Temperature correction of energy consumption time series

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Temperature correction of energy consumption time series

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Temperature correction of energy consumption time series

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Temperature correction of energy consumption time series

Sumit Rahman, Methodology Advisory Service, Office for National Statistics

- Energy consumption depends strongly on air temperature – so it is seasonal

- But temperatures do not exhibit perfect seasonality

- Y = C + S + I
- Series = trend + seasonal + irregular
- Use moving averages to estimate trend
- Then use moving averages on the S + I for each month separately to estimate S for each month
- Repeat two more times to settle on estimates for C and S; I is what remains

- Y = C × S × I
- Common for economic series to be modelled using the multiplicative decomposition, so seasonal effects are factors (e.g. “in January the seasonal effect is to add 15% to the trend value, rather than to add £3.2 million”)
- logY = logC + logS + logI

- In April 2009 the temperature deviation was 1.8°(celsius)
- The coal correction factor is 2.1% per degree
- So we correct the April 2009 consumption figure by 1.8 × 2.1 = 3.7%
- That is, we increase the consumption by 3.7%, because consumption was understated during a warmer than average April

- Use xit as explanatory variables (temperature deviation in month t, which is an i-month)
- 12 variables required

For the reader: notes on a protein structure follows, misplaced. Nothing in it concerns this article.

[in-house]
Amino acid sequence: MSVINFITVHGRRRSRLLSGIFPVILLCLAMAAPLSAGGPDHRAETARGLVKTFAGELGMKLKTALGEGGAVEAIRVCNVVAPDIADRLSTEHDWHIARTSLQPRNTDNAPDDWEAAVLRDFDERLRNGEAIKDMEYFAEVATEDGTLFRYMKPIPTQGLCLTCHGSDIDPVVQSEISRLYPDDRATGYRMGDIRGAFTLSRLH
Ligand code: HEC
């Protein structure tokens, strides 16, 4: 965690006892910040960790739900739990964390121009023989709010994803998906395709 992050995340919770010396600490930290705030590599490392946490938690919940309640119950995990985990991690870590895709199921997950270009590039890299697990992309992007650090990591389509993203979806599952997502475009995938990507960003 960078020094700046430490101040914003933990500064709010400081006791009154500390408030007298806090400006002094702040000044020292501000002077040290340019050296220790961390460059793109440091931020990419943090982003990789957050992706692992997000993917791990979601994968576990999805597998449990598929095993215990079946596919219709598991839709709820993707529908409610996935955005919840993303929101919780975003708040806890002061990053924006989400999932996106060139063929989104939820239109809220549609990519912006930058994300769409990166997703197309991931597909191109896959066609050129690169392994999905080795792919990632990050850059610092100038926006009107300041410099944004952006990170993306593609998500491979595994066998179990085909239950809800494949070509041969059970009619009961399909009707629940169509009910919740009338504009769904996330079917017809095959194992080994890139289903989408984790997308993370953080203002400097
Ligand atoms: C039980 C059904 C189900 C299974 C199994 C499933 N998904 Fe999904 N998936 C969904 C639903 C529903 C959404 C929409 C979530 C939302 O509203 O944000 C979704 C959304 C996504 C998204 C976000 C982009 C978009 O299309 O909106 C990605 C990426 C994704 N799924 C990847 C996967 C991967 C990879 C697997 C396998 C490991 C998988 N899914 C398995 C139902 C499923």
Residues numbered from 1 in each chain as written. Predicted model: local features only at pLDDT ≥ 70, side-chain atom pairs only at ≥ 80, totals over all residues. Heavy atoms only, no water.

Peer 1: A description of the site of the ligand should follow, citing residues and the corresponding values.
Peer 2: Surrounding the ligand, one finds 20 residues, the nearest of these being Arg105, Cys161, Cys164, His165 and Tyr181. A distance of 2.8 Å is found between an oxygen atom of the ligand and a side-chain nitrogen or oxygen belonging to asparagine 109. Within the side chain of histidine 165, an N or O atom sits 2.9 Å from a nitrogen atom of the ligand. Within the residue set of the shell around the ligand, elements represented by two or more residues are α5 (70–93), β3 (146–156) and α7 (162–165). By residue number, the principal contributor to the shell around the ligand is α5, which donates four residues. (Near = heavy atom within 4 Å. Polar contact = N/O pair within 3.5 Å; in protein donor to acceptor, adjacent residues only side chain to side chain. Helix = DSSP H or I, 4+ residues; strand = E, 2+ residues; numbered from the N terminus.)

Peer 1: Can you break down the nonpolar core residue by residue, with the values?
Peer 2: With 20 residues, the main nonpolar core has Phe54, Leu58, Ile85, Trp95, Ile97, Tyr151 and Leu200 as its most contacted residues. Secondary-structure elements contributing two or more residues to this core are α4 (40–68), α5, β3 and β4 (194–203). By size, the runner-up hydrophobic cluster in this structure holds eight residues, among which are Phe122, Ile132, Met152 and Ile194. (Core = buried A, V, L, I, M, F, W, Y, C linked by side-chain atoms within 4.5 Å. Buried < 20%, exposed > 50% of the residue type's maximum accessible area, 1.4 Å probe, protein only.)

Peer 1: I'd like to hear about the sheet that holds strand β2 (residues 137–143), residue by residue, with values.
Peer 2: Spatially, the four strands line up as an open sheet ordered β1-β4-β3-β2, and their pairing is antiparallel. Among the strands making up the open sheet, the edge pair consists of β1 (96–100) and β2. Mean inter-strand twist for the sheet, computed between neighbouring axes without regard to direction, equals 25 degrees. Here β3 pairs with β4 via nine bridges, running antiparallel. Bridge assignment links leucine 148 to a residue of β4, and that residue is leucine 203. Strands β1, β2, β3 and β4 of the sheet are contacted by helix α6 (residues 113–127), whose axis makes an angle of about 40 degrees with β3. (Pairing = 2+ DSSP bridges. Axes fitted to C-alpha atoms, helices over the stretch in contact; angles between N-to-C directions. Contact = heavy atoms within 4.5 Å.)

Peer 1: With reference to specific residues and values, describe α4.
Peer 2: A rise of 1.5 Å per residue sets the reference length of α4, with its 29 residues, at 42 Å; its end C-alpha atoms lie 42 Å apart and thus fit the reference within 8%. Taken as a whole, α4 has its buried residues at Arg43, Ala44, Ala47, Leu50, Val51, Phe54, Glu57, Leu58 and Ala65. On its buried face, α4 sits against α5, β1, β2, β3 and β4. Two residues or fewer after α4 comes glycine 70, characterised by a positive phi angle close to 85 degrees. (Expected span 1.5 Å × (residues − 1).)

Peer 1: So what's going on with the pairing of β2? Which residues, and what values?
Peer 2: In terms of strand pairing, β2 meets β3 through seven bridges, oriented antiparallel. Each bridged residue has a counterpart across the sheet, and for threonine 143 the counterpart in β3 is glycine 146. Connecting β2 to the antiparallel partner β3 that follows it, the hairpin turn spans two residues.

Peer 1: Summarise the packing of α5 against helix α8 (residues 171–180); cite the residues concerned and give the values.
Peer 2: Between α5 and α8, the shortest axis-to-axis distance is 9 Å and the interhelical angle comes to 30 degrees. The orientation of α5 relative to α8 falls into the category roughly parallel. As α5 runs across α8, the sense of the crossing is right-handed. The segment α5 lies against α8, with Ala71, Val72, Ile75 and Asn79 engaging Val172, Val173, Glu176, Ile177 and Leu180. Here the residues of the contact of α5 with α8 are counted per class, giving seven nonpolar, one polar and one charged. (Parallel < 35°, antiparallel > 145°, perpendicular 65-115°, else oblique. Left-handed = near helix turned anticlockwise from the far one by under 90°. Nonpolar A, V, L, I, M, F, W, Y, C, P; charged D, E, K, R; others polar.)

- In any given month, 11 will be zero and the twelfth equal to the temperature deviation

- Why won’t the following work?

- So we use this:

- More formally, in a common notation for ARIMA time series work:

- εt is ‘white noise’: uncorrelated errors with zero mean and identical variances

- An iterative generalised least squares algorithm fits the model using exact maximum likelihood
- By fitting an ARIMA model the software can fore- and backcast, and we can fit our linear regression and produce (asymptotic) standard errors

- For January the coefficient is -0.044
- The corrected value for X12 is
- The temperature correction is
- If the temperature deviation in a January is 0.5°, the correction is
- We adjust the raw temperature up by 2.2%
- Note the signs!

- If is small then
- So a negative coefficient is interpretable as a temperature correction factor as currently used by DECC
- Remember: a positive deviation leads to an upwards adjustment

- The difference between the maximum temperature in a day and some target temperature
- If the temperature in one day is above the target then the degree day measure is zero for that day
- The choice of target temperature is important